Rep. Dennis Kucinich's advertisement, airing only in Cleveland, is the politician's first radio or television ad in the race that ends with the election March 6.
The Blade/Amy E. Voigt
Unbeknownst to Toledoans, an advertising war is going on in Cleveland between U.S. Reps. Marcy Kaptur and Dennis Kucinich, with the latest salvo sounding not very complimentary to Toledo politicians.
In a radio commercial from Mr. Kucinich (D., Cleveland), an announcer says that "maybe in Toledo politics, facts don't matter."
"Toledo's Marcy Kaptur voted to waste half a trillion on Bush's wars. Cleveland's Dennis Kucinich voted to bring our troops and their money home to rebuild our economy," the radio ad says.
It says, "Toledo's Kaptur took hundreds of thousands from war contractors and voted for billions more than even the Republicans wanted for military spending."
The radio spot ends with the announcer saying, "Vote for Dennis. He works for you, not for war profiteers."
The radio spot is running in the Cleveland market only and is Mr. Kucinich's first radio or television advertisement in the race that ends with the election March 6.
Mr. Kucinich and Miss Kaptur (D., Toledo) are competing in the newly drawn 9th Congressional District, which yokes Toledo and Cleveland together along with Lake Erie coastline communities in Lorain, Erie, and Ottawa counties. Also competing in the primary is Clevelander Graham Veysey, a video entrepreneur making his first run for office.
Miss Kaptur responded to the radio ad with a prepared statement: "It's an insult to the people of Toledo to say they don't care about facts. Until today, I had never heard of a candidate attacking a community that he claims he wants to represent."
She said the radio ad was "disrespectful."
Andy Juniewicz, a spokesman for Mr. Kucinich, said the radio ad is not a slam on Toledoans in any way. He said it is a specific response to a negative ad produced by the Kaptur campaign last week that he said impugns Mr. Kucinich's record.
The Kaptur TV ad accuses Mr. Kucinich of voting "no" on several projects of importance to the Democratic constituencies of labor, seniors, and veterans, and concludes that's the reason she was endorsed by the (Cleveland) Plain Dealer.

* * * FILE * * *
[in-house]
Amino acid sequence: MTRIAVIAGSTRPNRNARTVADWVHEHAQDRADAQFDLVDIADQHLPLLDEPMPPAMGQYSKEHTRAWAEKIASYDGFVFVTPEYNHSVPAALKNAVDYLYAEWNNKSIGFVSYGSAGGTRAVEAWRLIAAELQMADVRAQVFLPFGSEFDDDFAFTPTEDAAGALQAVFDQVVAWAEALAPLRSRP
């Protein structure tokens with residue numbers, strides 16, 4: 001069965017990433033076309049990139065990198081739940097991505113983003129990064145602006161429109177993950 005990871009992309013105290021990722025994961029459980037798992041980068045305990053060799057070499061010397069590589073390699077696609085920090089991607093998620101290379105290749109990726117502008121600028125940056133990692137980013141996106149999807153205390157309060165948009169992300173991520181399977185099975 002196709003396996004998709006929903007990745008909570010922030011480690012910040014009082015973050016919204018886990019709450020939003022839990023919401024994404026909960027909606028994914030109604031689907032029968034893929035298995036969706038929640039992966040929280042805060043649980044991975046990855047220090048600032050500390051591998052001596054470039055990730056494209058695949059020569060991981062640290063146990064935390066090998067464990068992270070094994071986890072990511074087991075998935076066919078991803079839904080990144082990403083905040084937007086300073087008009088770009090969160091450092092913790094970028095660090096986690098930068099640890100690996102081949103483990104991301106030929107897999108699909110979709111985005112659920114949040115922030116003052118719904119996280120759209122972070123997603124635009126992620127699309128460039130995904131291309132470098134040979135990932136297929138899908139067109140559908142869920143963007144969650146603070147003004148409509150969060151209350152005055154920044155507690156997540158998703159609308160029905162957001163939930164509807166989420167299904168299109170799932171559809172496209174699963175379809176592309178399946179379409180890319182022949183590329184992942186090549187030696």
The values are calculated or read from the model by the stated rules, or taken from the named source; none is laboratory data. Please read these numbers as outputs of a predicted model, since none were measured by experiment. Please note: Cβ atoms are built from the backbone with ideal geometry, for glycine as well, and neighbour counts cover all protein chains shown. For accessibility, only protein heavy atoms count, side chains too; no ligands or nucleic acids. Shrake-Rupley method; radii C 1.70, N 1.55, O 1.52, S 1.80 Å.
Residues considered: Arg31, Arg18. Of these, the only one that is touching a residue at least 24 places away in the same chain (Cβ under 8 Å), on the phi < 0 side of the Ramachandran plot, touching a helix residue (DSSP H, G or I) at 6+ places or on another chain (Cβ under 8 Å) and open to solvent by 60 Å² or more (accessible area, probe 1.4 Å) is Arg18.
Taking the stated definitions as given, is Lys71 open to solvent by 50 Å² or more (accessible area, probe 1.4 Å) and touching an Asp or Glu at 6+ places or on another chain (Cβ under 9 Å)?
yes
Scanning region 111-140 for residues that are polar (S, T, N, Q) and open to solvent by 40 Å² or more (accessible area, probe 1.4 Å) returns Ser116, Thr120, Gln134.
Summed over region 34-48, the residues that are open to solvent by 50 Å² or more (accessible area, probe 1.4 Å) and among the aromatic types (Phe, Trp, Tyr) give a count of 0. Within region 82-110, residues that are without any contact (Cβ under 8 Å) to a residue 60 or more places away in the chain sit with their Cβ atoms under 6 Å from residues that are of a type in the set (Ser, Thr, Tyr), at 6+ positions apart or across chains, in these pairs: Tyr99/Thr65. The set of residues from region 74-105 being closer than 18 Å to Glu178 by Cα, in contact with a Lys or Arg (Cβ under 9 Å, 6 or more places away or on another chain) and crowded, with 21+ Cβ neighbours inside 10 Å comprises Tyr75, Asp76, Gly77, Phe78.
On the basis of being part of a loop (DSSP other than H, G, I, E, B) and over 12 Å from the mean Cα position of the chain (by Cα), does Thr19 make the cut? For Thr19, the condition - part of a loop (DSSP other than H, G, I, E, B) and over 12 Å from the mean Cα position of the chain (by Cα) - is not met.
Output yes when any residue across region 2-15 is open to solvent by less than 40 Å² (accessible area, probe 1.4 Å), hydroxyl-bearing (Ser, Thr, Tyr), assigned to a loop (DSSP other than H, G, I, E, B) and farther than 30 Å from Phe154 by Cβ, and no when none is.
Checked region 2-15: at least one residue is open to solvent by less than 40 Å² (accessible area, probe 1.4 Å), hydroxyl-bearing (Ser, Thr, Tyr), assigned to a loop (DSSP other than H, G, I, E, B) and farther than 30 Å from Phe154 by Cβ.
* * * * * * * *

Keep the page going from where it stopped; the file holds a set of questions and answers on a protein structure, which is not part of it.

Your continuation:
It also features a depiction of the Space Needle landmark in Seattle, a city where Mr. Kucinich reportedly had considered planning a run for Congress last year when it appeared his district would be eliminated in the decennial redistricting.
"It's a dishonest, deceitful, deliberately misleading political ad emanating from Toledo, so we responded to it," Mr. Juniewicz said, though the radio ad doesn't expressly mention the TV ad.
In a letter sent Saturday to the Plain Dealer's publisher, president and chief executive officer, Terrance C. Z. Egger, and the Plain Dealer's editorial board, the Kucinich campaign calls on the paper to disavow each of the claims in the Kaptur TV ad.
The television commercial claims Mr. Kucinich voted "no" on a 2009 defense budget bill that included $42 million for new manufacturing jobs, that he voted against another 2009 budget bill that contained $15 billion for veterans care, and that in 2000 he voted against the "Democrats' prescription drug benefit for seniors."
In all three instances, Mr. Kucinich said he voted no to oppose military spending and defended his support of seniors, workers, and veterans.
One Kaptur supporter said Mr. Kucinich's ad is rich in irony if it's suggesting Cleveland politics has more integrity than Toledo politics.
"For someone from Cleveland to accuse Toledoans of [questionable] politics is like the pot calling the kettle black," said Wade Kapszukiewicz, Lucas County treasurer, a Democrat, and a supporter for Miss Kaptur.
Matthew Klempner, a spokesman for Miss Kaptur, declined to identify the cost of the Kaptur ad buy. He said it is in "heavy rotation" in the area.
"We believe that it is having a dramatic impact on the race in Cuyahoga County," he said.
Contact Tom Troy at firstname.lastname@example.org or 419-724-6058.